O'Gara is just one of the players that Ireland full-back Geordan Murphy is thankful he has back on his side after a season of playing against his Irish team mates for Leicester Tigers.
Murphy explained: "A lot of the times in Europe I get to play against my Irish team mates when I'm playing for Leicester, and when I play for Ireland I get to face my Leicester team mates who play for England. It's a strange one, I'm constantly playing against guys I know pretty well, but it's pretty enjoyable and it's always good after the game."
Previewing Saturday's second Test against the All Blacks, the Kildare man added: "We're on a long, long losing streak against the Kiwis now, which is a pretty big monkey on our back. We have to win at some stage, whether it's this team or another team down the line. At some stage we know an Irish team will win and we'd certainly love it to be this one."
Centre Gordon D'Arcy, the man on O'Gara's shoulder in midfield tomorrow, is showing signs of the 2004 form which saw him help Ireland to the Triple Crown.
The Wexford man, who put in a confident display against the All Blacks last week, said: "I'm up to about 32 or 33 games this season, so that's a hell of a lot more experience coming down here (to New Zealand) than six games last year, two of this for my club Lansdowne.
"I'm a lot happier physically and comfortable in the team the way we're playing out here. There's no camparison (to last year), I'm really, really happy how I'm playing at the moment."
D'Arcy and Brian O'Driscoll face a mouth-watering centre battle with Crusaders duo Aaron Mauger and Casey Laulala, whose first and only Test cap to date came against Wales in November 2004.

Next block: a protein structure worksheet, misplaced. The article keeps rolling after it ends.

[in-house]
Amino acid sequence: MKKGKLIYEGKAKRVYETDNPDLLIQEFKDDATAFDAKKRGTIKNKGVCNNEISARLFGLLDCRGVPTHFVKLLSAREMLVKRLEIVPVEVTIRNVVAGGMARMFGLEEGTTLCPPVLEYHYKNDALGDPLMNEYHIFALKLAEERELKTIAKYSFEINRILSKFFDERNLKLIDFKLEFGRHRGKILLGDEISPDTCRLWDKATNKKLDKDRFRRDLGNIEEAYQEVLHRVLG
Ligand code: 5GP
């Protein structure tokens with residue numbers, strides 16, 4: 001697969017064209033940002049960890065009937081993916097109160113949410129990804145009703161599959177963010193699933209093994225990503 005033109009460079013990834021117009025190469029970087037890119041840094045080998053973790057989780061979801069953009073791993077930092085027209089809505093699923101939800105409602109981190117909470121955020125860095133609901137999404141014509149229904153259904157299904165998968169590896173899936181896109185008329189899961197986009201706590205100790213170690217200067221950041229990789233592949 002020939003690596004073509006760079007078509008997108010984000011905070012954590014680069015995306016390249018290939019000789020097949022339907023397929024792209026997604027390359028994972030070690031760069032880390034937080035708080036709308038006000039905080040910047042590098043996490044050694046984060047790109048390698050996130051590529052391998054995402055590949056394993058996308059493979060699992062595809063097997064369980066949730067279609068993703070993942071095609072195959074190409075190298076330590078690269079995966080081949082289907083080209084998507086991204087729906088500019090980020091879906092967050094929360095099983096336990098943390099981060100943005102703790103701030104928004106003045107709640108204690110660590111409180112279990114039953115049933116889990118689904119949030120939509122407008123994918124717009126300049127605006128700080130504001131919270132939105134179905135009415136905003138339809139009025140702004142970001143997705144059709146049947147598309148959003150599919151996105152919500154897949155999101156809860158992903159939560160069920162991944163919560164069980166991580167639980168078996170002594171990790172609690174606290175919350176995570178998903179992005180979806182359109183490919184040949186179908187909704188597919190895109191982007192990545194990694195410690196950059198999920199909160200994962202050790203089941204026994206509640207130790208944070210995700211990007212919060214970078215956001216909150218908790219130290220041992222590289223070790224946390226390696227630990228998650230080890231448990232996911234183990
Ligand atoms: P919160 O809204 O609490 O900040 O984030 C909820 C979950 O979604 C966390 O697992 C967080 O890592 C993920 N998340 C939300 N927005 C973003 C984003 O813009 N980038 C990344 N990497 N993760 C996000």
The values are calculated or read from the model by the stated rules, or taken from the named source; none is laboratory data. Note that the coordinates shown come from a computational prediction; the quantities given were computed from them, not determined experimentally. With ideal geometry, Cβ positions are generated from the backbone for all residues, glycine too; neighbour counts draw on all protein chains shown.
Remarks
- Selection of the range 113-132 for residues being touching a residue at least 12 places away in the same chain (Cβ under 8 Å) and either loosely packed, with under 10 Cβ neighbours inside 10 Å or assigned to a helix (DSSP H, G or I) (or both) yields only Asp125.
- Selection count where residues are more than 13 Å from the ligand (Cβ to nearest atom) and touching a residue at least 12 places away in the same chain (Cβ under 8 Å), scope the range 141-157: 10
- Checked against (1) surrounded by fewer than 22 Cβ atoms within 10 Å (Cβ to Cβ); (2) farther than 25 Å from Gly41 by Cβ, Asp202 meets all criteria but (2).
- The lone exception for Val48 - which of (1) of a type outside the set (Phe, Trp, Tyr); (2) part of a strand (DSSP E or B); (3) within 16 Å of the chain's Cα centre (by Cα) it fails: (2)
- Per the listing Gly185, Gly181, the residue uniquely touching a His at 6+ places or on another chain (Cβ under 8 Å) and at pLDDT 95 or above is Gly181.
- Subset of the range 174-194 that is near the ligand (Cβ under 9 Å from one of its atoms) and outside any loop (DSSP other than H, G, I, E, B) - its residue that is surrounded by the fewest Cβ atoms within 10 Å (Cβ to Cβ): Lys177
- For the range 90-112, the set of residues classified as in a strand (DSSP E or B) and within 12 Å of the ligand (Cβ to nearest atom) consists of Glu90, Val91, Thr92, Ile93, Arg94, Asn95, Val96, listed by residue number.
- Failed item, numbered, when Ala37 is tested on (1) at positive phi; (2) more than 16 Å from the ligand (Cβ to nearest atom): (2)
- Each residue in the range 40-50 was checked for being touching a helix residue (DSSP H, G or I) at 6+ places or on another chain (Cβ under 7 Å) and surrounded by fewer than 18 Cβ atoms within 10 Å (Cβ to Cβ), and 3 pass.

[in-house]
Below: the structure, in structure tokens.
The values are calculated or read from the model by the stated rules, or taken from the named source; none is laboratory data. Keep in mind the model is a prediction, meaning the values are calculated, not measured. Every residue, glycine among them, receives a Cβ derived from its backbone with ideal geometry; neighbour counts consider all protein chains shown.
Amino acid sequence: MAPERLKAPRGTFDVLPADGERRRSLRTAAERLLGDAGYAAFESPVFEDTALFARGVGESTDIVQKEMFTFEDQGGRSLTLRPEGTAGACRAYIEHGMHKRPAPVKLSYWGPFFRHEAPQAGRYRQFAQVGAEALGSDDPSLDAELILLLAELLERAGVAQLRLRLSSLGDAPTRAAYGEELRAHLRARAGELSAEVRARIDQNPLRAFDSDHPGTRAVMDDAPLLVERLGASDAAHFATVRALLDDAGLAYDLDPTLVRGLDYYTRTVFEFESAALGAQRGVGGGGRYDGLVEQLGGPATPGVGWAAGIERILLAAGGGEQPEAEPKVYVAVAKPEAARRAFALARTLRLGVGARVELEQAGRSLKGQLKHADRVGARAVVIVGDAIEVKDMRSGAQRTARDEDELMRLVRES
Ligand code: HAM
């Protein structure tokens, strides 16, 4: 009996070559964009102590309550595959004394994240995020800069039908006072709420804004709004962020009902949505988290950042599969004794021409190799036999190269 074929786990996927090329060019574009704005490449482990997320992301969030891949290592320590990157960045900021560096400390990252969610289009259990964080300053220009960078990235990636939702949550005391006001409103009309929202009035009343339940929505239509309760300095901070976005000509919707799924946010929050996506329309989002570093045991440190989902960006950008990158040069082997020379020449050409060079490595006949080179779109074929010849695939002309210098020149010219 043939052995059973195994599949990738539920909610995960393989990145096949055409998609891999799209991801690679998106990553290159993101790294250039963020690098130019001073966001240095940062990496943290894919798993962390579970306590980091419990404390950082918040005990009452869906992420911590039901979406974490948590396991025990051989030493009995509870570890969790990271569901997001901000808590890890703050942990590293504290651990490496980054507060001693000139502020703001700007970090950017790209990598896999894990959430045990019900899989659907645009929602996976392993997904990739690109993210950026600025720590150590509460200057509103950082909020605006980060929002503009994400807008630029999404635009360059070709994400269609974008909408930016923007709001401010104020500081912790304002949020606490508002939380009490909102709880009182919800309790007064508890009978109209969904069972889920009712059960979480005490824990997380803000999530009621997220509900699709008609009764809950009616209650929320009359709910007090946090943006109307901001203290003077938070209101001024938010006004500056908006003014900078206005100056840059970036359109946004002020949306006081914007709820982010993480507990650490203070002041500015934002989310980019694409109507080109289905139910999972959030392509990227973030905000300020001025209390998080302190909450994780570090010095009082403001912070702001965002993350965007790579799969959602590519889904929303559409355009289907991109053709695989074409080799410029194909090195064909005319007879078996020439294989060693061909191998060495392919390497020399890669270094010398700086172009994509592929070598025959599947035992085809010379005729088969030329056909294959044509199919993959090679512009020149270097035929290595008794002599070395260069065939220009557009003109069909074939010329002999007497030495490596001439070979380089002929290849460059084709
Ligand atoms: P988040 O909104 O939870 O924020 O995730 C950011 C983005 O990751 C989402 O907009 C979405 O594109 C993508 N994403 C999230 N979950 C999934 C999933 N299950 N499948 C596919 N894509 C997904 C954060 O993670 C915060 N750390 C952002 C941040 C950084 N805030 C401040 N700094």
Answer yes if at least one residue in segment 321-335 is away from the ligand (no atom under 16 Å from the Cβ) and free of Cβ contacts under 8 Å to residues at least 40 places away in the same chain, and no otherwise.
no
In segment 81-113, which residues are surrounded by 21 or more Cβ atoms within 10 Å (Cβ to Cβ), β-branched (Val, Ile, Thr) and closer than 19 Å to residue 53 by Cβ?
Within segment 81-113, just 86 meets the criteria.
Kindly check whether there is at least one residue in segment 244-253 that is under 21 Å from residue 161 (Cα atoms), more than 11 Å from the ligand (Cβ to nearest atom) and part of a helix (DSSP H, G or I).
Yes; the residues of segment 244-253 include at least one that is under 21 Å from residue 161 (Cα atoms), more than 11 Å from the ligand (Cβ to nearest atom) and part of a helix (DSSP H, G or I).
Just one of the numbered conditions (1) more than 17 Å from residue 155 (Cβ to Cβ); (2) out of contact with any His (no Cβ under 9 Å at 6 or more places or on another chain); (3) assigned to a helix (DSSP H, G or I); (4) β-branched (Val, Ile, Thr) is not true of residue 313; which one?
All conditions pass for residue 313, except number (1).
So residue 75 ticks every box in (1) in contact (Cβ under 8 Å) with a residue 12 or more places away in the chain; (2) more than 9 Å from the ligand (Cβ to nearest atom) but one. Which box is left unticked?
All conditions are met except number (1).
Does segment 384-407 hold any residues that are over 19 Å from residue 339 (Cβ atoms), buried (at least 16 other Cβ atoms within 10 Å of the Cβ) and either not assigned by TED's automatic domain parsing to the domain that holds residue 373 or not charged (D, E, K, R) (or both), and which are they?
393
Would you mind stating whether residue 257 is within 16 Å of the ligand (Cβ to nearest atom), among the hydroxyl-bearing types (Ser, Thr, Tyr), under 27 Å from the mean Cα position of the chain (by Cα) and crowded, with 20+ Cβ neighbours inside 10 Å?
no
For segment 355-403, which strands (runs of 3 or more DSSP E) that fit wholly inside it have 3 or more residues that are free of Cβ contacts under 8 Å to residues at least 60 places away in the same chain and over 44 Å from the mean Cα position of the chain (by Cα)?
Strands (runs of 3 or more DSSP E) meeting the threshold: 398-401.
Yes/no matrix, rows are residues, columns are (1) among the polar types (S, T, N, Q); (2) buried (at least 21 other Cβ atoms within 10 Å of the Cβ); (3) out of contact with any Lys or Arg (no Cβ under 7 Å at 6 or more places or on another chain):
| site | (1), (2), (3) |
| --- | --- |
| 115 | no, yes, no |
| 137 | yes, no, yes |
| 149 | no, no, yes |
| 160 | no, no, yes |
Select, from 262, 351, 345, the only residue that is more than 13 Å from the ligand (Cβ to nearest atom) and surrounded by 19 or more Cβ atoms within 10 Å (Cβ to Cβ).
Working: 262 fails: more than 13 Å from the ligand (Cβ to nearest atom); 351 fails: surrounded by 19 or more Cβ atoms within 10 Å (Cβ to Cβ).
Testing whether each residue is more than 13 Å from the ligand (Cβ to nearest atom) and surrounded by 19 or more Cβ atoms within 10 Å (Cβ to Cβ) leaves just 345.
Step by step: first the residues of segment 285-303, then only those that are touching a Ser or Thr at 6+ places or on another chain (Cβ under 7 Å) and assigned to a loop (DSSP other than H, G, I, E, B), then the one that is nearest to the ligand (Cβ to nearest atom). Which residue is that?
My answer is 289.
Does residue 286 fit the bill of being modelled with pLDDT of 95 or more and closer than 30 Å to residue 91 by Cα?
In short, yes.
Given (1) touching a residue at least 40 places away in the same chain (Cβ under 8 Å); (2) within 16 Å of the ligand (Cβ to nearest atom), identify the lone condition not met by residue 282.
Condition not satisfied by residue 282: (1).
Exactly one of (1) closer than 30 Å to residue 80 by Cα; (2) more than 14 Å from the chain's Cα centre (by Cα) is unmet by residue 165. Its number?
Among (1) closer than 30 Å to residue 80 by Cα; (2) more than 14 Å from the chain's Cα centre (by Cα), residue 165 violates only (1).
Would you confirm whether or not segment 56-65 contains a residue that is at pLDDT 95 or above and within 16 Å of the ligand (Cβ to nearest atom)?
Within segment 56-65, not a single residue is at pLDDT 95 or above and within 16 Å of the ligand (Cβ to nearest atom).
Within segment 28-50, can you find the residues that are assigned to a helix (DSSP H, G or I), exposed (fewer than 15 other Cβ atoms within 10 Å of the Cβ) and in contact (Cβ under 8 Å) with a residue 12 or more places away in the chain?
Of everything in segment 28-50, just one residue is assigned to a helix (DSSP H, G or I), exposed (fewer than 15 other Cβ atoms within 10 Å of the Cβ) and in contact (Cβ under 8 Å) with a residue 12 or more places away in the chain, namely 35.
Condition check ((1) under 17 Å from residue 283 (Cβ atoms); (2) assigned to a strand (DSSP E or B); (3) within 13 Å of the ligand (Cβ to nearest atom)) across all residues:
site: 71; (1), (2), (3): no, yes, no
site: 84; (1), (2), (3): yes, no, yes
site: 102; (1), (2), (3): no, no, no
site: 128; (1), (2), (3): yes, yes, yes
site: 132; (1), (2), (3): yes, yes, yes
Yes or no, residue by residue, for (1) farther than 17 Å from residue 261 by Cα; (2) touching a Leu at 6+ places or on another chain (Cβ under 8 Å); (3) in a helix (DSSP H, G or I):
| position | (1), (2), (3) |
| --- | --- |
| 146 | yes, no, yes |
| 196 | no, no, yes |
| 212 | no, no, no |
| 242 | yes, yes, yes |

On the subject of youngster Laulala, D'Arcy admitted: "I've heard a lot of reports about him and he's very highly rated so he'll get the exact amount of respect he deserves. He's a different player to Ma'a. Probably my shoulder won't be as sore this week but that doesn't mean I'm going to treat him with any less respect."
All Blacks backs coach Wayne Smith is hopeful that Ireland's "rush defence" will not have as much say tomorrow as it did during the first Test in Hamilton.
Smith said: "The rushing defence is just something you have to get more used to playing against. The Springboks obviously use it all the time and Waikato used it during the NPC last year. It's just more time in the saddle to get used to it."
It is hard to imagine but it is almost five years ago to the day that Ronan O'Gara was on the receiving end of several punches by Duncan McRae during the infamous Lions v NSW Waratahs clash on the 2001 tour to Australia.
Current New Zealand coach Graham Henry, the then Lions supremo, said of the incident: "O'Gara had absolutely no idea why he was attacked so violently. It was a bad day for rugby. I thought the game had been cleaned up, but this was a shambles." New South Wales full-back McRae received only a seven-week ban as a result of the sickening attack. He retired from rugby in March after a persistent knee injury ruined his three-year stay at English club Gloucester.
**All photos by Billy Stickland of Inpho Photography**